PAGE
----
This glorious weather has got us feeling as though we’re back home in South America, and so we just had to share our love of asados with you, Fazendeiros! Our Sales & Marketing Director, Tomás got to work on making an asado, sharing the different ways of doing them and his favourite meats to indulge in.
What is an asado?
‘An asado is essentially a typical Argentinian barbecue. Asado’s are everything to us Argentines. It’s a time to get together with family and friends to catch up, socialise and spend some quality time together. It’s part of our culture to get involved from a young age, helping the adults prepare the fire and the dishes, so it’s something you grow up with.’
Different ways of doing an Asado
‘There are many ways of doing an asado, from how you build it to how you cook the meats. A traditional Patagonian way is ‘a leña’ (wood) or ‘fuego lento a la cruz’. The large pieces of meat are pierced on stakes of wood and planted into the ground around the fire, which is usually made from wood or charcoal. This way, the meats aren’t actually cooked directly on the fire, but slowly cooked from the heat of the fire for up to six hours.
Today we’re making the asado ‘Canasta Uruguaya’ style, except with charcoal instead of wood. Another popular way is ‘parilla de piso’ which quite literally means ‘floor grill’, which is what we’re using today as well.
The perfect food and drink for an asado
‘First things first, I love to get the coraçaão de frango (chicken hearts) on the grill to have something to nibble on whilst we were waiting for the prime cuts to cook. It’s a good way to get the crowd going!
We’ll start with other smaller meats too, like the Argentinian sausages then move on to the big joints of meat like the Picanha (cap of rump) and other cuts of beef and lamb.’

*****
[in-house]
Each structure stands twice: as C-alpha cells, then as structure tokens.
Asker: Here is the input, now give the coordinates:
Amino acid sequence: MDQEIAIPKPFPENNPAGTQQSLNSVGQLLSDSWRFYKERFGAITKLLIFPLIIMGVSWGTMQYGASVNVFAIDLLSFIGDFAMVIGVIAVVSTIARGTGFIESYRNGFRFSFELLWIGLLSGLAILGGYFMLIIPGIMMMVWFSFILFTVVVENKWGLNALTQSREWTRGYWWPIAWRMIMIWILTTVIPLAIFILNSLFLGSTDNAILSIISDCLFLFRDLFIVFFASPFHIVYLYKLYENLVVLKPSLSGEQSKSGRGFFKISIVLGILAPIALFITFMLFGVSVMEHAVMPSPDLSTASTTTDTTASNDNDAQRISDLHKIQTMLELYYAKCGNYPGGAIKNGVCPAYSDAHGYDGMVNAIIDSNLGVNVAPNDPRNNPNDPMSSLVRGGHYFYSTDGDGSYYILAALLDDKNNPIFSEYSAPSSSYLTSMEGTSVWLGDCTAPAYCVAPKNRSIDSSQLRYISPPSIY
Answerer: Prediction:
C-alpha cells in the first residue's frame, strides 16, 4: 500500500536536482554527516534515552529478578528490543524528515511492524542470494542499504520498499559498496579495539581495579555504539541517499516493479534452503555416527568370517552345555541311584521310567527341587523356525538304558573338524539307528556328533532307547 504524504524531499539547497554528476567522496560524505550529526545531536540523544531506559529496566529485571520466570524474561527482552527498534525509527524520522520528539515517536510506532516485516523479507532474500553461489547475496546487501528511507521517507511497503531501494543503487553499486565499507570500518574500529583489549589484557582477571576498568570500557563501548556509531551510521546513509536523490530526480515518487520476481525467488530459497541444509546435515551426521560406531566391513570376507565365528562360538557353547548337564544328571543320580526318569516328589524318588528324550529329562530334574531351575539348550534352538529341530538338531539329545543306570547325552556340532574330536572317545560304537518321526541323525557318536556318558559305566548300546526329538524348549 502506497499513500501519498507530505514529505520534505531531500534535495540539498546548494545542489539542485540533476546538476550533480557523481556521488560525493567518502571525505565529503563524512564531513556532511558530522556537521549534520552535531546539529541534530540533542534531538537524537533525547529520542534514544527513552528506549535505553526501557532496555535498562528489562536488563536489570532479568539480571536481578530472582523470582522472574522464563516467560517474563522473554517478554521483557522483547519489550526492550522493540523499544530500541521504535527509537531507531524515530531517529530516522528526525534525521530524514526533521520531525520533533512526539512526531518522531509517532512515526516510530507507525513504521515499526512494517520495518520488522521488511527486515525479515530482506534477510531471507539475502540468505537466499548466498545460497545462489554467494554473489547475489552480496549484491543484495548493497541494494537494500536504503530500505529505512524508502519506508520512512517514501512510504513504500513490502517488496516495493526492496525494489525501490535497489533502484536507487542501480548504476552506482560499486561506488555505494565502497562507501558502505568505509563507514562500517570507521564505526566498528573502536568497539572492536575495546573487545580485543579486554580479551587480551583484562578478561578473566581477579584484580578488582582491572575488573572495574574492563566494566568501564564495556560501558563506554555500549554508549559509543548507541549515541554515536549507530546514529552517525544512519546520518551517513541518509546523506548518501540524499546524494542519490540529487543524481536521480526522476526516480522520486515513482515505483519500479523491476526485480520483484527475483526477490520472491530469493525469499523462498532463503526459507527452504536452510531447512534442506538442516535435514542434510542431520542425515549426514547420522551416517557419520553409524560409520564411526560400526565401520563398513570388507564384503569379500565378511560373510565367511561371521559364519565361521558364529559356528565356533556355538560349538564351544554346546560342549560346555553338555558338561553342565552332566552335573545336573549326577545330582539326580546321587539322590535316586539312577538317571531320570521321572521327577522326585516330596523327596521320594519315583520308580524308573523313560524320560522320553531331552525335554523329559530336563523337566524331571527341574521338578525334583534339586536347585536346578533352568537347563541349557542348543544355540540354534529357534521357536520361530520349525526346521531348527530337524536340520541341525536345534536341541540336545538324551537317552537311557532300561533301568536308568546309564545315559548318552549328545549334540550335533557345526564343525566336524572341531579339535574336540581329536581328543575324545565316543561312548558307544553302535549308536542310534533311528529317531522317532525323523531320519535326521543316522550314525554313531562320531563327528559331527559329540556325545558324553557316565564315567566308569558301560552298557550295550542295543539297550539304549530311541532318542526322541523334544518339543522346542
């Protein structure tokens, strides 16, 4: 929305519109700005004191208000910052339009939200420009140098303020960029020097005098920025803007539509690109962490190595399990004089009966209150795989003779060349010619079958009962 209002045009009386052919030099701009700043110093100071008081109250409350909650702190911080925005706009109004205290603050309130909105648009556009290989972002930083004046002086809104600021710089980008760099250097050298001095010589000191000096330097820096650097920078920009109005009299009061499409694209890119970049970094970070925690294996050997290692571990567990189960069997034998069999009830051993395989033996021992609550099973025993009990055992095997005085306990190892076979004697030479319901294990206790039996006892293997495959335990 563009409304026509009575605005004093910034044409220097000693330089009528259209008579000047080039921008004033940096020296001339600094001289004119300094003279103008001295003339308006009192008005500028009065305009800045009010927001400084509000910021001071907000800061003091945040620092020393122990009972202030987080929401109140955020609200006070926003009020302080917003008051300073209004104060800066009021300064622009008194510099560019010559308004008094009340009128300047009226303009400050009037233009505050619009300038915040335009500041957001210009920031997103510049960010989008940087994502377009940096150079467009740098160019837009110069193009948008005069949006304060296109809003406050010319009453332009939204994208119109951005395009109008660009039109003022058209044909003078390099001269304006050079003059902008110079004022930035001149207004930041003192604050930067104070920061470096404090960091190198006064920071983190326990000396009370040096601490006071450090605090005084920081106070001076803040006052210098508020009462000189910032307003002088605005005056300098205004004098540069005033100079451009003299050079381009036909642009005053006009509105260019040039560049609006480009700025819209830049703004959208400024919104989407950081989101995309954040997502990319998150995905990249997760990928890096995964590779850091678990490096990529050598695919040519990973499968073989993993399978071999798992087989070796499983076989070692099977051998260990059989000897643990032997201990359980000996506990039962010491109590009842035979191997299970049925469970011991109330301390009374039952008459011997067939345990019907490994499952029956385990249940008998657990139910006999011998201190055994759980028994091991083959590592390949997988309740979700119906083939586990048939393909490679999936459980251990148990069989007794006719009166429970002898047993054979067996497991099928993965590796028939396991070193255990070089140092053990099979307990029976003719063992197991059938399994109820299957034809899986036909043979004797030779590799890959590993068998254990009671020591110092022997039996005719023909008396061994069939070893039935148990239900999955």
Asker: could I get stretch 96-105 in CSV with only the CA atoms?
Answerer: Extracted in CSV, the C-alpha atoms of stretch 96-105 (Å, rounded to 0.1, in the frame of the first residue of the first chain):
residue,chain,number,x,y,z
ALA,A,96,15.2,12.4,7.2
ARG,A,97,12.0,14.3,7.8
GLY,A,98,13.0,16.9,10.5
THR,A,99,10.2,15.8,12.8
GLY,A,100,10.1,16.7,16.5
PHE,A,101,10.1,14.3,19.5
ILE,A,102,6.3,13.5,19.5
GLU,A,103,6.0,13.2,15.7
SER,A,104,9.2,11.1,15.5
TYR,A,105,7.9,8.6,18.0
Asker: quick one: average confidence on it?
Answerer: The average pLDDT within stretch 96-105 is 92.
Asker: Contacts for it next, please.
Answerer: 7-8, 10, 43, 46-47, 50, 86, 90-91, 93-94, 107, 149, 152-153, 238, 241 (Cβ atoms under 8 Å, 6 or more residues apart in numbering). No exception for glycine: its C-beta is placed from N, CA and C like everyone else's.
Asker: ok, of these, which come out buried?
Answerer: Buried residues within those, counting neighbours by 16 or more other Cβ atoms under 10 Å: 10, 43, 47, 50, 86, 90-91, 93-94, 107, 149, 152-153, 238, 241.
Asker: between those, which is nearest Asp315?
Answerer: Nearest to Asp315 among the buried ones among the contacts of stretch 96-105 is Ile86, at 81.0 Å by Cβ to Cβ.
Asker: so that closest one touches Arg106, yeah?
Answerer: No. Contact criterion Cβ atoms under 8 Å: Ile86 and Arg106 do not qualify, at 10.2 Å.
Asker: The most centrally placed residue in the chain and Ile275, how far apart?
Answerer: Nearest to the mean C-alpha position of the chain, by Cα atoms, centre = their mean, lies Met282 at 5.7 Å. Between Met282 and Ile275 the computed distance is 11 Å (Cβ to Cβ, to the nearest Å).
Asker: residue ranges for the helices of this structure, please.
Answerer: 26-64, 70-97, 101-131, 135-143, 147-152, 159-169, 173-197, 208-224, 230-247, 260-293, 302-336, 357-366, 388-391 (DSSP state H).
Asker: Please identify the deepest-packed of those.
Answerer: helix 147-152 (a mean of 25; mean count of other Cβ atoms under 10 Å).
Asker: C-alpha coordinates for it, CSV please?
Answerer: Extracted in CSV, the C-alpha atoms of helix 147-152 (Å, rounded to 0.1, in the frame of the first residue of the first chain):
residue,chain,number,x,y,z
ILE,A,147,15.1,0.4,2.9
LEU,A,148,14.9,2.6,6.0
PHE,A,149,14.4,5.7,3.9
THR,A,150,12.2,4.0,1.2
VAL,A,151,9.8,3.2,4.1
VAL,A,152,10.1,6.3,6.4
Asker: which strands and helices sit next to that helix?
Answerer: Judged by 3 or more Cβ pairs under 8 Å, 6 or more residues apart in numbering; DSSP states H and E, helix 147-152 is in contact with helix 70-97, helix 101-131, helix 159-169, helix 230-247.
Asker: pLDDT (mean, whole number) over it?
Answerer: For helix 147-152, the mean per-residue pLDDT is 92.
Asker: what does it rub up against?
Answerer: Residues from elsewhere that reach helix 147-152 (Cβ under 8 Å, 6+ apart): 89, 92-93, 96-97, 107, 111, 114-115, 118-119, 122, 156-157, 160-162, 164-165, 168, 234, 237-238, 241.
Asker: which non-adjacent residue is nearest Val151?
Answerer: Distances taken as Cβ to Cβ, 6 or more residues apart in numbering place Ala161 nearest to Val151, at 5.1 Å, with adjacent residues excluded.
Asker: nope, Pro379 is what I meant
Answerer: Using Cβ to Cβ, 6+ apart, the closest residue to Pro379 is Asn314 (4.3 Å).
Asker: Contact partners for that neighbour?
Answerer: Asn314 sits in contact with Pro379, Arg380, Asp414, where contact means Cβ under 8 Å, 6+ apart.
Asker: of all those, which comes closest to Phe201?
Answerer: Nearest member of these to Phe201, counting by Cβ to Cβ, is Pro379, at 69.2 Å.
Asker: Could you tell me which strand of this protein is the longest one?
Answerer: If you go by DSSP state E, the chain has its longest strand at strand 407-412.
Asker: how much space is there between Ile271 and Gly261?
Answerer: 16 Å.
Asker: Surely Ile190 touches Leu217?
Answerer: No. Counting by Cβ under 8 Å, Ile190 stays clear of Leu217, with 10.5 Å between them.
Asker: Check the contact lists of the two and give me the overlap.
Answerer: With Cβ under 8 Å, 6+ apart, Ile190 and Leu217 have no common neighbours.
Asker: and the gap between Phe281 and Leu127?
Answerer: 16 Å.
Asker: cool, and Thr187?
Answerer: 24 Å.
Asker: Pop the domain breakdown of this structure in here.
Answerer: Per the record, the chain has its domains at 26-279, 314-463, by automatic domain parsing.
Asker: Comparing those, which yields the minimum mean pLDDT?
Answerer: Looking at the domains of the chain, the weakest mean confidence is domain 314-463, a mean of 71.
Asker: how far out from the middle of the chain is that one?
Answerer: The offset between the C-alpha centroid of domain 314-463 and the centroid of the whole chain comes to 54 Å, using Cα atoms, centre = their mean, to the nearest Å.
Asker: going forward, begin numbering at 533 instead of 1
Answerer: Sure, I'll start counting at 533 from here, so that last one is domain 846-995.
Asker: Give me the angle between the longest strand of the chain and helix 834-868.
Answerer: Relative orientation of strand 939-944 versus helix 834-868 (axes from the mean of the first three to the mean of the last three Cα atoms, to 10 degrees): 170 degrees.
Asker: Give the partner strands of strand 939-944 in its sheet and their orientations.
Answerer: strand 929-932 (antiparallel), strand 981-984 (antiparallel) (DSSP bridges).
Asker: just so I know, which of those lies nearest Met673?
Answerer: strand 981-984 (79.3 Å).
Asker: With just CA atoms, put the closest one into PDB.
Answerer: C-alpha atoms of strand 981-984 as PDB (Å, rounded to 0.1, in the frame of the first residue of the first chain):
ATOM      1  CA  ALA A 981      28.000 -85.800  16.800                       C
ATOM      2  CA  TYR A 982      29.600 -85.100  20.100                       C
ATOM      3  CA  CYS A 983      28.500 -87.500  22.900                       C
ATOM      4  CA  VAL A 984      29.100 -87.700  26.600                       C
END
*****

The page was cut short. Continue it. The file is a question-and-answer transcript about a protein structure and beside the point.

‘Personally, my favourite meats for an asado are Picanha and skirt steak. The fat from the Picanha soaks into the meat when it’s slowly cooking, giving it the most amazing flavours! The skirt steak (Entraña in Argentina) is perfect when thinly sliced and quite literally melts in your mouth. I always recommend to cook the red meats rare to medium to get maximise the flavours and characteristics of the meats.’
Despite our carnivourous nature, us South Americans love nothing better to accompany an asado than some fresh vegetables and salads.
‘A personal favourite dish of mine is grilled red peppers with egg inside. Simply cut the peppers in half and thrill them for a while, before cracking an egg into the well of the pepper and letting it slowly cook by the heat of the fire. Put the red pepper and egg on top of your skirt steak when cooked – gorgeous!
Now, no asado would be complete without my second favourite indulgence – wine! Today we’re drinking Catena Malbec Vista Flores Appellation from Mendoza, made from 100% Malbec grapes. The flavour profiles of the wine match perfectly with the Picanha, with notes of tobacco, chocolate and red fruits. Incredible!’
How does an asado differ from a British barbecue?
Here in the UK, people tend to cook quite a few smaller meats, like burgers, sausages and steaks etc. At home, we cook the whole joints of meat! No one ever leaves an asado hungry – guaranteed!
Do you have any questions for Tomas about asados, Fazendeiros? Or maybe you’d like to share with us your best tips for a great asado? Share these in the comments below, we’d love to hear more!